TEL AVIV, Israel – Israel says its punishing air assault on Hamas militants, their property and their weaponry has delivered a devastating blow to the Islamic militant group. Yet rocket fire at Israel has continued almost unabated.
The military says that due to years of generous Iranian shipments, thousands of rockets remain in Gaza, and there is no quick way to eliminate the threat.
It says its goal is to inflict so much pain on Hamas that it will be deterred from attacking Israel again — just like Hezbollah guerrillas in Lebanon have largely remained on the sidelines for the past eight years.
The military also says it wants to punish Hamas for the violence. But both goals are hard to quantify in the short term. A similar offensive in November 2012 was also deemed a military success, though it left Israel vulnerable to rocket fire. Israel also launched a large offensive in late 2008 that delivered a tenuous cease-fire.
"There is no knockout, it is more complicated," said a senior military official involved in the fighting, who spoke on condition of anonymity under military guidelines. But, he added, "if there is a map of pain that the enemy sees, it will have to think about things."
The rocket threat has been in the making for well over a decade. In the early 2000s, Hamas began firing rudimentary, homegrown rockets that were inaccurate, flew short distances and carried a tiny payload.
Today, the army says the group has an arsenal of some 10,000 rockets, including longer-range, foreign-made weapons capable of reaching virtually anywhere in Israel. The current round of fighting has seen air-raid sirens sound in Jerusalem, Tel Aviv and Haifa, Israel's three-largest cities. There have been no fatalities, in large part because of dozens of interceptions by the high-tech "Iron Dome" rocket-defense system.
Israel launched its offensive last Tuesday in what it says was a response to weeks of heavy rocket attacks out of Gaza. It has carried out hundreds of airstrikes, systematically targeting what it says is Hamas' rocket-launching production and launching capabilities.
On Sunday, Israel sent special forces into Gaza for a brief ground operation, its first in the latest fighting, in an attempt to take out rocket launching pads that could not be destroyed from the air.
Israeli analysts say that most of the remaining long-range rockets are believed to be stashed beneath residential buildings, and that the only way to completely remove the threat would be to re-conquer Gaza, from which Israel withdrew in 2005, and stay there for a lengthy period. Such a scenario would carry great risk, and Israeli leaders are wary.
"There is no attempt here to solve the conflict. We are talking about managing the conflict and as long as it goes on, quiet will only be temporary," said Shlomo Brom, a retired Israeli general who is now an analyst at the Institute for National Security Studies, an Israeli think tank. "It's a mistake to think that if you have established deterrence it will stay that way. Deterrence must be maintained."
Israel cites the example of Lebanon as a potential blueprint. It battled a bloody monthlong war with Hezbollah in 2006 that saw thousands of rockets fired at Israel and 160 Israelis killed. About 1,200 Lebanese were killed in an Israeli air and ground offensive that hammered Hezbollah strongholds.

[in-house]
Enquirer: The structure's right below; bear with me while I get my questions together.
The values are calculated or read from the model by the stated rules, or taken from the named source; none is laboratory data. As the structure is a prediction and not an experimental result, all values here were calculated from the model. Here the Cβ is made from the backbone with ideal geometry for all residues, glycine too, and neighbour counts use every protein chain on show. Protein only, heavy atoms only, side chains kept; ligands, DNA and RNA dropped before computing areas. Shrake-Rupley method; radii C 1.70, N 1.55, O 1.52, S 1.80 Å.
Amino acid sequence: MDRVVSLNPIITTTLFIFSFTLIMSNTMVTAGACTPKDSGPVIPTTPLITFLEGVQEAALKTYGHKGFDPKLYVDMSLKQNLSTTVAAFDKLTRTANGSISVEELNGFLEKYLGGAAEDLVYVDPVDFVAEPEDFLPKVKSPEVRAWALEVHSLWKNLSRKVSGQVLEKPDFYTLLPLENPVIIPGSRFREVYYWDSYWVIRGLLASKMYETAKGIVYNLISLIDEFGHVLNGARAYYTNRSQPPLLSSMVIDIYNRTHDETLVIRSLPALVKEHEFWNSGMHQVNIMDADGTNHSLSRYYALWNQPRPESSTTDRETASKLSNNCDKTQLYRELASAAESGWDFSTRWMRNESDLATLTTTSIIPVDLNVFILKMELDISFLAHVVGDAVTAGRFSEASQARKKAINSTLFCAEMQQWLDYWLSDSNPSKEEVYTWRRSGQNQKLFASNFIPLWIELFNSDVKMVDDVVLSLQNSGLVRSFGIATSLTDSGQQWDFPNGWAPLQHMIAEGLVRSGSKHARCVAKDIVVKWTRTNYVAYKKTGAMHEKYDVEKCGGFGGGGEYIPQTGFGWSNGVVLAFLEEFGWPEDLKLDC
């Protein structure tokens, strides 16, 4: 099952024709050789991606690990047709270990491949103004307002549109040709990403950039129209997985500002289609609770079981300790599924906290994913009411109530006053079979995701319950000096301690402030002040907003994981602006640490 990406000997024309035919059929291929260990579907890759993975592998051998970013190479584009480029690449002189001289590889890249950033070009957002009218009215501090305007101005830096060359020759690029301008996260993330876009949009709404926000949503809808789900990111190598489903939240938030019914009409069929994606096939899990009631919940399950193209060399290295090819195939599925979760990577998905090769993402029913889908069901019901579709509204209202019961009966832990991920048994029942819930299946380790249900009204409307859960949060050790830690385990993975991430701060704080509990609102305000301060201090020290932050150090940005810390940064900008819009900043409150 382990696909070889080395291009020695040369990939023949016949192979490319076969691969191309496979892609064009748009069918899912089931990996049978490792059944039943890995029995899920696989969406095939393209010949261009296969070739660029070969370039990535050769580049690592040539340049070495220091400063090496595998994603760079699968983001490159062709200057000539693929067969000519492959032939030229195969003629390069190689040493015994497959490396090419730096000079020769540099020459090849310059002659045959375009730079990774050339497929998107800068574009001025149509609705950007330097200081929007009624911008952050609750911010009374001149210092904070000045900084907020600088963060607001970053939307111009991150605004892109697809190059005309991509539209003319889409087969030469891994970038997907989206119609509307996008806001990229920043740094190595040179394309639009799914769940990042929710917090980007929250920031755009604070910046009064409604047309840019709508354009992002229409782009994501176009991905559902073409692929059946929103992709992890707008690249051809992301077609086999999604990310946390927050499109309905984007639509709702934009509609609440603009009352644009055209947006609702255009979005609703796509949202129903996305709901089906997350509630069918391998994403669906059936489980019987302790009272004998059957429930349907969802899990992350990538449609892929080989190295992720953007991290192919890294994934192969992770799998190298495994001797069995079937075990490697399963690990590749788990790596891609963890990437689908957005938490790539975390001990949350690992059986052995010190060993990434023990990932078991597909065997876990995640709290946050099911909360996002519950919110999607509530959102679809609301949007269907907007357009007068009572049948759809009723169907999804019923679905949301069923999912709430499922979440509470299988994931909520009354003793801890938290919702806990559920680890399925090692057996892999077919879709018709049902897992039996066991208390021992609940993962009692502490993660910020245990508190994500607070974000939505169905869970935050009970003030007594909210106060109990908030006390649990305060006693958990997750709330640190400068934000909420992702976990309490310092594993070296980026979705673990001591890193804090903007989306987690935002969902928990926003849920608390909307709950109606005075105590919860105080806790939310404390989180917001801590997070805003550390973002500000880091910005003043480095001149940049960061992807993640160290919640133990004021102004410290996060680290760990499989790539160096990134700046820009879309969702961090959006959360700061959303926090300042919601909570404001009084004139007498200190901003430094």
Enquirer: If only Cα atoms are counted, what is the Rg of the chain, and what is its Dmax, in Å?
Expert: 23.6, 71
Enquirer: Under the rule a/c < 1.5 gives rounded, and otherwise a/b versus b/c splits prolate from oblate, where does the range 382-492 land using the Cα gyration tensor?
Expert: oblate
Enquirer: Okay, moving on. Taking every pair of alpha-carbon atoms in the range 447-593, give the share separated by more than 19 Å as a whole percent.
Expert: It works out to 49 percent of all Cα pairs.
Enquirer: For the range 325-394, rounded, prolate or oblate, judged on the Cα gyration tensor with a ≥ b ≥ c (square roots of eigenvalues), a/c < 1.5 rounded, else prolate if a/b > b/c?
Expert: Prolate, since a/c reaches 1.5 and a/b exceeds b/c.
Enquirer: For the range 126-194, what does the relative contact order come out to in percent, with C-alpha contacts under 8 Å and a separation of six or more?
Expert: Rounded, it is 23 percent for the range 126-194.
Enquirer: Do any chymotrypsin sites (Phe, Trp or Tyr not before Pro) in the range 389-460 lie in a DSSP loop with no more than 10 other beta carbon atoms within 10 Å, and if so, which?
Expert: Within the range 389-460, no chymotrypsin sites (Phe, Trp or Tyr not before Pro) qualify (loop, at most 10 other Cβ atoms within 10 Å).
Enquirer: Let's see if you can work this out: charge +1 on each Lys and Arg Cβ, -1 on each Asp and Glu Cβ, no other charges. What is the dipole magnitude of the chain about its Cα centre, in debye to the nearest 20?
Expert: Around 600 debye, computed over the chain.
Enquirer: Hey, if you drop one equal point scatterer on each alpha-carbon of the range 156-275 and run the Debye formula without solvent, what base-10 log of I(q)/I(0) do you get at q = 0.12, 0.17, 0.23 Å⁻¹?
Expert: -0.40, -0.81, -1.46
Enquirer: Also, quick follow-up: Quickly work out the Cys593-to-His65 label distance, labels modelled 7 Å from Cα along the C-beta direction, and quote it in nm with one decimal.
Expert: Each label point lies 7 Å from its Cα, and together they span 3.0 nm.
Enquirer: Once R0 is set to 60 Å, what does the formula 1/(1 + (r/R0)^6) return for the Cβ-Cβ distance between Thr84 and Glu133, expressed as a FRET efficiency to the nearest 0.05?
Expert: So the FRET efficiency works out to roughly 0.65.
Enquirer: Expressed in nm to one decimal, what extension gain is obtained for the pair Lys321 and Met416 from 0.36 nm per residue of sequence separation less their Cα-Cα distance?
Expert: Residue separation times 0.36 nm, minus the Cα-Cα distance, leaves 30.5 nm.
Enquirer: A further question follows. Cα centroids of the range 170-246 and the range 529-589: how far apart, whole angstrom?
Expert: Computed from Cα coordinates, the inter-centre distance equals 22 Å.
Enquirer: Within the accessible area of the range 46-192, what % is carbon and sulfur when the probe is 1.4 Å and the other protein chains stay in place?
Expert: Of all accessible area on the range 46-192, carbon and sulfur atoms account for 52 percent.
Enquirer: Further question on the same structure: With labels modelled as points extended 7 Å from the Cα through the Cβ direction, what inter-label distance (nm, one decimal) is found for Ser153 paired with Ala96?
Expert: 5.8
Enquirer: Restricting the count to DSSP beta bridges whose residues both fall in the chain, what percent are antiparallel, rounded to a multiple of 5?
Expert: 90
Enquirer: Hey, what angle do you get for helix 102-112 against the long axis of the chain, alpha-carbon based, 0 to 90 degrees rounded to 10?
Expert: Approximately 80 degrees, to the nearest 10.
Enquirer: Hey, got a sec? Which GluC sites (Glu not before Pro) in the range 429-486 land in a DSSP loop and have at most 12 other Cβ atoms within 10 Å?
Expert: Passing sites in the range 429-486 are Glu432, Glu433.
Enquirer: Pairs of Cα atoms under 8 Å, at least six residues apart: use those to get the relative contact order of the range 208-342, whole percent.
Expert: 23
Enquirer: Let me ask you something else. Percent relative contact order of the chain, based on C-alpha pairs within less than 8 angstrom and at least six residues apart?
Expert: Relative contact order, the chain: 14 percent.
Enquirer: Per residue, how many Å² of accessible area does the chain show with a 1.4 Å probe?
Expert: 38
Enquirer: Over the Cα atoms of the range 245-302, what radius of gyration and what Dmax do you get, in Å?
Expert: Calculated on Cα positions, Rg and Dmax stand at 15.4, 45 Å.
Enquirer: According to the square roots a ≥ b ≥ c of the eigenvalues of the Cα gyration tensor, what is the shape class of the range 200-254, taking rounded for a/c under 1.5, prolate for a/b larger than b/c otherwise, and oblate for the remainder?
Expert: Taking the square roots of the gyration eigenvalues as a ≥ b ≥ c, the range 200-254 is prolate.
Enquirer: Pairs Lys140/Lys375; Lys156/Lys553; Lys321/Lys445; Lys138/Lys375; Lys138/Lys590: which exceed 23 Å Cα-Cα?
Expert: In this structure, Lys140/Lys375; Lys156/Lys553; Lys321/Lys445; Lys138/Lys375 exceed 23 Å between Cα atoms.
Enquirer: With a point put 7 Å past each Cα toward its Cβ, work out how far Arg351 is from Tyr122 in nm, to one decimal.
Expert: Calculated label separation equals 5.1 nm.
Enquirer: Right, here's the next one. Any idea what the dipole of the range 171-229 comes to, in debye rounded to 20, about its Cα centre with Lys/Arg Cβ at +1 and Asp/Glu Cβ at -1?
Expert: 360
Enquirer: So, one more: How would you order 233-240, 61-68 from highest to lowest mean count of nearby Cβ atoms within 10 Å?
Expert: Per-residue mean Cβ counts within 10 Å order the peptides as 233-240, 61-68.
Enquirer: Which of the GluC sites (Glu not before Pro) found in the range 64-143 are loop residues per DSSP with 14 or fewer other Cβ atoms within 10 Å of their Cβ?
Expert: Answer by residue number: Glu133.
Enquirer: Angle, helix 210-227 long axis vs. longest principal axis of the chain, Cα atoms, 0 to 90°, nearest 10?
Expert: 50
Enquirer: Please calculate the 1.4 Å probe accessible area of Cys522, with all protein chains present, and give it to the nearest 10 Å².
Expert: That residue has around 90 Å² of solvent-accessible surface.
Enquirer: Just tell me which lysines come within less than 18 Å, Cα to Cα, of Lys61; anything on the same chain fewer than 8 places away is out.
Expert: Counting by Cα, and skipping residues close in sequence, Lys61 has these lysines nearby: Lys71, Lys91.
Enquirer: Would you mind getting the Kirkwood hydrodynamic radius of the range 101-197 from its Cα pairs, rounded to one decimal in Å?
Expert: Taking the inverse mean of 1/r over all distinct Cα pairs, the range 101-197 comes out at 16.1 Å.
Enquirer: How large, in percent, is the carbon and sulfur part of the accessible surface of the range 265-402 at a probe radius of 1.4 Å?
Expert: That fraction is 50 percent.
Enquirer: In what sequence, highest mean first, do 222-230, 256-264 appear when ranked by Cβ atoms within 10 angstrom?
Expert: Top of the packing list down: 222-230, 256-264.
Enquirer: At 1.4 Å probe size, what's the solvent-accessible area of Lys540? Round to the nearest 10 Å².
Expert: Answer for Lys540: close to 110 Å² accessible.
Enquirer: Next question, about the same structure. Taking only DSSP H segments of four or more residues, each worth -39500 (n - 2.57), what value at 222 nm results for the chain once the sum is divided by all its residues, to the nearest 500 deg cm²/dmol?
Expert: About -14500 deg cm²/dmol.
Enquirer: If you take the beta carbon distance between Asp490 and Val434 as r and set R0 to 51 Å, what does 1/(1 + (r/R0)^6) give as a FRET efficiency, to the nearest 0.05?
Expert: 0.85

While the fighting ended in a stalemate, the border has remained largely quiet as Hezbollah, despite its fiery rhetoric, has refrained from provoking Israel.
Israel hopes the same thing will happen with Hamas.
In the six days of fighting since Tuesday, Israel launched more than 1,300 airstrikes that it says have killed dozens of militants, knocked out scores of rocket launchers, flattened Hamas installations and even destroyed the homes of its senior leaders.
But militants have fired more than 800 rockets at Israel at a rate that hasn't slowed down.
Military spokesman Lt. Col. Peter Lerner said the military estimated 20 percent of the rockets in Gaza have either been fired or destroyed by Israel. Besides diminishing Hamas' future capabilities, he said Israel's assaults were mostly aimed at convincing Hamas never to try it again.
"When they come out of their bunkers and they look around, they are going to have to make a serious estimation of whether what they have done was worth it," he said. "And people will look in their eyes and say 'Why did you do this? What did you gain from this?'"
Moussa Abu Marzouk, the No. 2 leader of Hamas, defiantly rejected the notion, saying the current round of fighting would only strengthen his movement's resolve.
"They (the Israelis) are doing all of that (the airstrikes) to force us to raise the white flag," he wrote on his Facebook page Sunday. "The future is ours and if there is a truce it's going to be a temporary one. This is not the last battle."
Fathi Sabbah, a Gaza-based writer for the London-based Al-Hayat newspaper, said Hamas' popularity on the Palestinian street had actually grown during the operation and he did not foresee it putting down its arms. "This is just a round, like the previous ones, and there'll be more to come in the future as long as no political solution is found to the Palestinian cause," he said.
Writing in the Yediot Ahronot daily, commentator Yossi Yehoshua argued that any cease-fire that does not guarantee a complete demilitarization of Gaza would be a failure for Israel since it would then invariably "find itself in the next round within a very short period of time."
Associated Press writer Mohammed Daraghmeh contributed to this report from Ramallah, West Bank.
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